Table 3: Rural homemakers knowledge of food hygiene and safety in relation to each item based on the obtained score

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Table 4: The overall knowledge of rural homemakers in relation to food hygiene (before and after training) based on the investigated variables

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The average scores for attitudes in single and married women before the education were 81.11 and 83.27, respectively, which shows that before the education the single women had more attitudes compared to the unmarried. This score changed after the education to 92.11 and 92.27. The statistical analyses showed no significant difference between the obtained scores for the two groups of women (P = 0.31), which remained almost identical after the education (P = 0.304). A significant difference was detected between the average scores for attitudes in educated and uneducated women by health workers (81.96 and 77.66, respectively) before the educational intervention (P = 0.035), which disappeared after the education (P = 0.143). No significant difference between these scores was reported for women, who used media as an educational means (85.1) and those, who did not (82.71) (P = 0.291). After the education, this figure even became less (P = 0.24). The average scores for attitudes of those who used media as educational tools at a high (85.75) and poor level (83.85) showed no significant difference (P = 0.125) and had almost no change (P = 0.152). Women in the age groups B and C had the poorest (82.75) and highest (84.32) attitudes toward food hygiene. However, the scores had no significant difference (P = 0.516). In the education groups, A and D were recorded the lowest (81.55) and highest (86.66) figures. [Table 5] shows the average scores for attitudes of the studied components, before and after the education and [Table 6] present the relationship between the total score for general attitudes and the demographic data, before and after the education.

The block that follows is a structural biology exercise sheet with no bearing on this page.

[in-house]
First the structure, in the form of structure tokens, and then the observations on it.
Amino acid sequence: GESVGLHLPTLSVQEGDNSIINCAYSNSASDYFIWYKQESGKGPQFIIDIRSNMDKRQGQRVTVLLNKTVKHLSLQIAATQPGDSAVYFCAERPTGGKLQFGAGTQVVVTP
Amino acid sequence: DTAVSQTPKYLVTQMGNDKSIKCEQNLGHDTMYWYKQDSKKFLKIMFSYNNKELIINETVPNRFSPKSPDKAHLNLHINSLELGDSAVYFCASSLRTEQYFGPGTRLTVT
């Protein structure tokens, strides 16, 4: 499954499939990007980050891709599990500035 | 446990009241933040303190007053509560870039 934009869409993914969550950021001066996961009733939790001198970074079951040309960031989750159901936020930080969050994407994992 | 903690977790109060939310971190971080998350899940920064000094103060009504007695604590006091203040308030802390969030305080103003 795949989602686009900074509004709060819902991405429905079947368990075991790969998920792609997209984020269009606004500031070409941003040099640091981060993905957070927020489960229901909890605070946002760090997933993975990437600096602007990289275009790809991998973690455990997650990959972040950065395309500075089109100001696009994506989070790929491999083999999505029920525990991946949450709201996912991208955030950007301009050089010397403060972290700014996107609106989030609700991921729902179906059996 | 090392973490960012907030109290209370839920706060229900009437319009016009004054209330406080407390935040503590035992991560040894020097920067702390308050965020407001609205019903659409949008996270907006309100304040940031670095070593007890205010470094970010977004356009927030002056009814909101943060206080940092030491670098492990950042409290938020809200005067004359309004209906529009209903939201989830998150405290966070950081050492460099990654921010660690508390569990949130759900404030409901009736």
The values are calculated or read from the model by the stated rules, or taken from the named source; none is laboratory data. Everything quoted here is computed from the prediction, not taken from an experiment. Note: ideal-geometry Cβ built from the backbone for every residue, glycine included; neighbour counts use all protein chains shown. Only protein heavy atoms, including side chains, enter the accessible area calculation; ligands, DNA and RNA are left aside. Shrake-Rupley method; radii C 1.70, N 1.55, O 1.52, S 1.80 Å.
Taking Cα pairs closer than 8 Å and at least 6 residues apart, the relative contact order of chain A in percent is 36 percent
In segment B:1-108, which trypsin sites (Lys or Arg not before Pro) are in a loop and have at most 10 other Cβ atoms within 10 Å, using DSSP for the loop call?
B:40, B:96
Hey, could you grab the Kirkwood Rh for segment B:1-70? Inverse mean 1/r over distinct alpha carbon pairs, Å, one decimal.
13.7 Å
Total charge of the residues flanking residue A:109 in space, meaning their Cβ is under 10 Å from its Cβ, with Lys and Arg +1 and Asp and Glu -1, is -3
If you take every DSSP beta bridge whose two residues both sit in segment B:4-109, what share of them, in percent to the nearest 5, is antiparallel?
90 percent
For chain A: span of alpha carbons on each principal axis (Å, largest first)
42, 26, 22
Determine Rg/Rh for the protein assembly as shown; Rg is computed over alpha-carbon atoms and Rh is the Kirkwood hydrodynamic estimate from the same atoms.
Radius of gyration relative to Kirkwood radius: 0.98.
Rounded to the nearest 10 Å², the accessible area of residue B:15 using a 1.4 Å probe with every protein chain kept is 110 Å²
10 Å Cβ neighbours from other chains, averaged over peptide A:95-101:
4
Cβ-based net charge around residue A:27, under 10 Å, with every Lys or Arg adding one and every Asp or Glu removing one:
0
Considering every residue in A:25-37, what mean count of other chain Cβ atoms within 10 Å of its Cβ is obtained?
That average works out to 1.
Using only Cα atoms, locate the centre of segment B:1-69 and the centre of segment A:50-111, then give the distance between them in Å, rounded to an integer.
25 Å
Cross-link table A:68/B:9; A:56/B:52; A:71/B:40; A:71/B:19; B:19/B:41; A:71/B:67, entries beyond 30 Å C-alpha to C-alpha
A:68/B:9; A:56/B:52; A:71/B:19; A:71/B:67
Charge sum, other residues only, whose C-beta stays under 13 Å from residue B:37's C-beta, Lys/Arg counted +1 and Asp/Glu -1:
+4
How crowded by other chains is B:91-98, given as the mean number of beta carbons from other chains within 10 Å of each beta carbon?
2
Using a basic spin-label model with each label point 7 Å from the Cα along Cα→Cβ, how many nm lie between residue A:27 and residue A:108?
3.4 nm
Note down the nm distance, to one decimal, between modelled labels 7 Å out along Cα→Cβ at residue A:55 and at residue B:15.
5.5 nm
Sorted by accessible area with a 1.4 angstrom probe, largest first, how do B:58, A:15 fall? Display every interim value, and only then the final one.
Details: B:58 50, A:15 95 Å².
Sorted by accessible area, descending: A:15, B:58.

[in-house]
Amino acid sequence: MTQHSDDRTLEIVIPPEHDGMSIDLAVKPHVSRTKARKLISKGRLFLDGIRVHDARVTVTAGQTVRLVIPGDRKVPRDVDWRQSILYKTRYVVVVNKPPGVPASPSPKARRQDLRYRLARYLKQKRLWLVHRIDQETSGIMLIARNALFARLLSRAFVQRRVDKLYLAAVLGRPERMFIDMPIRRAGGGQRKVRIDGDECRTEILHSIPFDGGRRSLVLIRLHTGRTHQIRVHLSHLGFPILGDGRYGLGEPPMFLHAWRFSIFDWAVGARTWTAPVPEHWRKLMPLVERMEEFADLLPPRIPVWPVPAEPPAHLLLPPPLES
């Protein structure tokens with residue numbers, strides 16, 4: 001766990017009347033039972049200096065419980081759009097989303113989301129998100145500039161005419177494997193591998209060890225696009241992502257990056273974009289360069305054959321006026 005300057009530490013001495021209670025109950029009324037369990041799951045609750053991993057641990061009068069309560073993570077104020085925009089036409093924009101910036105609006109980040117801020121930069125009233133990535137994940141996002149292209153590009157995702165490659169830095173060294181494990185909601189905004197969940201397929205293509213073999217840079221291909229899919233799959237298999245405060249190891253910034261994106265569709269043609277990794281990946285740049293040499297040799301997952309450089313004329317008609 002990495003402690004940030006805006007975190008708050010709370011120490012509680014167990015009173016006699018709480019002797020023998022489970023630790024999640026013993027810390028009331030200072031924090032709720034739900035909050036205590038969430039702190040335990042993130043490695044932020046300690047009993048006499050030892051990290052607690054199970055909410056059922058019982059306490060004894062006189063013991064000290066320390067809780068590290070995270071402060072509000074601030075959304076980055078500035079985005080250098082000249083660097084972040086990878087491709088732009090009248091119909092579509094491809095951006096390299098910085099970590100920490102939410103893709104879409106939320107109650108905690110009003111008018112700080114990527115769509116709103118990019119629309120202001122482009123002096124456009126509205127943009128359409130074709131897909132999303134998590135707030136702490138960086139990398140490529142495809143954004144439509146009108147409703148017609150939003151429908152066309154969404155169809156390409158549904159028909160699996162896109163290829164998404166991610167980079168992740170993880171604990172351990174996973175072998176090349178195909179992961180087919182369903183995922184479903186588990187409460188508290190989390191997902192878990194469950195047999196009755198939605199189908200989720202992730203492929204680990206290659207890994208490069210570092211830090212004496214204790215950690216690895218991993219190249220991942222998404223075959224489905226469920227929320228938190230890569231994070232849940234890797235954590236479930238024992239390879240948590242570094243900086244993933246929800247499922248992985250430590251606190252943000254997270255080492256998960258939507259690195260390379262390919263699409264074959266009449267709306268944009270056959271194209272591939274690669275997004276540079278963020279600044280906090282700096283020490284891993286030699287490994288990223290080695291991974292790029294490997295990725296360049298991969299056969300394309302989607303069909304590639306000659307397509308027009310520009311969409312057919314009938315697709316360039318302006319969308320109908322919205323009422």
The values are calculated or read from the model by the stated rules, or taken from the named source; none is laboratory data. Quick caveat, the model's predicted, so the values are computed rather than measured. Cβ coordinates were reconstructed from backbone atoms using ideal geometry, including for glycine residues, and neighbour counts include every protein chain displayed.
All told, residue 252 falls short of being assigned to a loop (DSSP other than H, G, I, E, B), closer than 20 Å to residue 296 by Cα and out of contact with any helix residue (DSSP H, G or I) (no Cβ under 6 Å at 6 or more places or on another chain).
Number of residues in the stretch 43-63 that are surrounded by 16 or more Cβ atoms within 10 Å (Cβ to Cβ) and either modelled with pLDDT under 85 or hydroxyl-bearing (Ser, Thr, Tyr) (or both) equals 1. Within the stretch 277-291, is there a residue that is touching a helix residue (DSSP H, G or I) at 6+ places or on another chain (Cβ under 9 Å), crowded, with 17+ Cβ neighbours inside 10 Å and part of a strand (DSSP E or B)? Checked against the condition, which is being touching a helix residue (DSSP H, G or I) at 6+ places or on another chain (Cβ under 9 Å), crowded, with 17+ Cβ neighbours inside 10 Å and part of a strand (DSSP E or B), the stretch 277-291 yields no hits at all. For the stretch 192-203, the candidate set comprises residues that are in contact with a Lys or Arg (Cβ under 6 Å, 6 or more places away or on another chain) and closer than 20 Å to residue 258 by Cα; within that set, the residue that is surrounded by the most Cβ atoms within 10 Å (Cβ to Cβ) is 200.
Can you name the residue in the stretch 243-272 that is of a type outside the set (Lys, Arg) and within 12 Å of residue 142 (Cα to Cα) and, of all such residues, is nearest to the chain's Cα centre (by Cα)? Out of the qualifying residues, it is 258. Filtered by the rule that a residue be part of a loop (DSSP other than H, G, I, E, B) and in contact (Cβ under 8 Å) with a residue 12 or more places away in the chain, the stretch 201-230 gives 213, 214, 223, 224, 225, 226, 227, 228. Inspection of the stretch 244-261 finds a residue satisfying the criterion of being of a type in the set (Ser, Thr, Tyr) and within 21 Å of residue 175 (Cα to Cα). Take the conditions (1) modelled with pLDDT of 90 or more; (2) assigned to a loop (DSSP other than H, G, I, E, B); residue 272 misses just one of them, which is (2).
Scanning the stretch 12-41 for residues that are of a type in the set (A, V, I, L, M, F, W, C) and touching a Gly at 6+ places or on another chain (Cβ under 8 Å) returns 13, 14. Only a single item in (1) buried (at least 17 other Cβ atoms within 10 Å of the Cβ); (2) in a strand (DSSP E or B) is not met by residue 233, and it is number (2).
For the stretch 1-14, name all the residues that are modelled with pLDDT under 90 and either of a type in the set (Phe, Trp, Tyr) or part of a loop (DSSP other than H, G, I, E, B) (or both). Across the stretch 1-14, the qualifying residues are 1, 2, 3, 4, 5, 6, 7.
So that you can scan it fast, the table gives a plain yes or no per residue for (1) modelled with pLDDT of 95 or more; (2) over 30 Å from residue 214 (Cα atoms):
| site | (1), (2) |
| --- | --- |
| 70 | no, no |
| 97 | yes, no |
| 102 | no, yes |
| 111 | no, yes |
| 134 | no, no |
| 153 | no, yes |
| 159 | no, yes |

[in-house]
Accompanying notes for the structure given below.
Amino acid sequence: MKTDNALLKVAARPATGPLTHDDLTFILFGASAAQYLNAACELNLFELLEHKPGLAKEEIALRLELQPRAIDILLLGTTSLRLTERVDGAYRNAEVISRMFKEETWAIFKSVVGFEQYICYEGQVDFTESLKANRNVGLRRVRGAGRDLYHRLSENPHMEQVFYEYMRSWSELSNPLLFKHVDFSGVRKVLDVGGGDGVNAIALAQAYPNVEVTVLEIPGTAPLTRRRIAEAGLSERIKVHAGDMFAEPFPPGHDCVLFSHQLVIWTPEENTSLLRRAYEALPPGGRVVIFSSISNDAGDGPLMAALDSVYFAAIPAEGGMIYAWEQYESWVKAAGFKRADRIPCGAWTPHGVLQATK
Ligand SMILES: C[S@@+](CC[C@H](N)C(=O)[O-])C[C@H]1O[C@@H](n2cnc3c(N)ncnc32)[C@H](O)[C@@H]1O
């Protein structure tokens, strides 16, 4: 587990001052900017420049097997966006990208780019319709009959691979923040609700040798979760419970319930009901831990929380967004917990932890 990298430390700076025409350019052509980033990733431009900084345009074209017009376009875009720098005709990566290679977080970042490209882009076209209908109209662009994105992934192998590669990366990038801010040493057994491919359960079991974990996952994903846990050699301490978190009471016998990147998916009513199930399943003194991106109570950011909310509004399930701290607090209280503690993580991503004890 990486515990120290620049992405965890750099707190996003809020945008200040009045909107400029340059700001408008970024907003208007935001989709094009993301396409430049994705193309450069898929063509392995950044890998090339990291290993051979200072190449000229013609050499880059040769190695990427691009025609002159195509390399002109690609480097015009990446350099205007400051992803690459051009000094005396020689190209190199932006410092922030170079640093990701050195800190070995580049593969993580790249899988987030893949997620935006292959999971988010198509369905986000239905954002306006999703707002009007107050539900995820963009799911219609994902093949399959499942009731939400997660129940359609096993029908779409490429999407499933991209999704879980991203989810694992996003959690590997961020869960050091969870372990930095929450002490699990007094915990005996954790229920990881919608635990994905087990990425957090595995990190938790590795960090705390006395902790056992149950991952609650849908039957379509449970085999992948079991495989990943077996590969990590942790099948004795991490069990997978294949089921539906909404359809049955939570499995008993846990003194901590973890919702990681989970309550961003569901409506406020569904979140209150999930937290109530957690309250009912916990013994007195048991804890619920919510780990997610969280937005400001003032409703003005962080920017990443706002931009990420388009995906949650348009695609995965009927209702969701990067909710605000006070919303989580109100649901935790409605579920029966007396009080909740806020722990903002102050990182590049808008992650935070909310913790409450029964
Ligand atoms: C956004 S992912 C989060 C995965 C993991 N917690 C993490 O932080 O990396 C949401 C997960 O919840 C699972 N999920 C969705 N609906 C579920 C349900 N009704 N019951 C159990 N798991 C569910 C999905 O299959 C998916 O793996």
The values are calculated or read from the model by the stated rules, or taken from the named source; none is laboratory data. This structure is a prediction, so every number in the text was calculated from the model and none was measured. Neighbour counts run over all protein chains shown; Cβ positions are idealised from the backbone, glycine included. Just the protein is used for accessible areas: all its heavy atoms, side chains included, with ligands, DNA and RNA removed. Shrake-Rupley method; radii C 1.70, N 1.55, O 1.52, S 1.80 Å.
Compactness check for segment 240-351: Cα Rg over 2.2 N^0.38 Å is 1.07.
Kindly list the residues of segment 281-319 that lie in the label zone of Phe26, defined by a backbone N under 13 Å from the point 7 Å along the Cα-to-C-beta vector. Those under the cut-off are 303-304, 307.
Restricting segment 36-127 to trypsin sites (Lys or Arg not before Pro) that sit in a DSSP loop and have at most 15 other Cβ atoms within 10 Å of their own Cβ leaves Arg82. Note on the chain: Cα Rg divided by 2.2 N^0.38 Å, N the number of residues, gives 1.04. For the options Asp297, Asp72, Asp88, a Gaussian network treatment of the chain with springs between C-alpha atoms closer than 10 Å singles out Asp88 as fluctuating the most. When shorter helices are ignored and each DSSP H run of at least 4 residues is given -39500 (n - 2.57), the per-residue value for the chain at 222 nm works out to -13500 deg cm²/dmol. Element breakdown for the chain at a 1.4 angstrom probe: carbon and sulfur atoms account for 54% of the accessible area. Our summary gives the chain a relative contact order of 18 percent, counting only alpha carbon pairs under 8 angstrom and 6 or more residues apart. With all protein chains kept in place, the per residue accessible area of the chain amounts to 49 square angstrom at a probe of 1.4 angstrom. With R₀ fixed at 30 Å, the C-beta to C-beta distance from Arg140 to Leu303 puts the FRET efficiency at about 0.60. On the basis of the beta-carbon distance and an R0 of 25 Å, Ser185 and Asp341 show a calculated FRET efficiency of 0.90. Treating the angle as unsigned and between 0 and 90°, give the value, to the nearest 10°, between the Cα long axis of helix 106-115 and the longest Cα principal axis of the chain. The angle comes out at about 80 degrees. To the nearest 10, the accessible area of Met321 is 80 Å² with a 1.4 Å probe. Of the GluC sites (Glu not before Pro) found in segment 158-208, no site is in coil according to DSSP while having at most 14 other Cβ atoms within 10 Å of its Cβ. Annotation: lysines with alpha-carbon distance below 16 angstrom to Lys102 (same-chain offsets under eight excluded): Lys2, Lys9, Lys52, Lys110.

Table 5: Rural homemakers attitude of food hygiene and safety in relation to each item based on the obtained score

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Table 6: The overall attitude of rural homemakers in relation to food hygiene (before and after training) based on the investigated variables

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   Discussion Top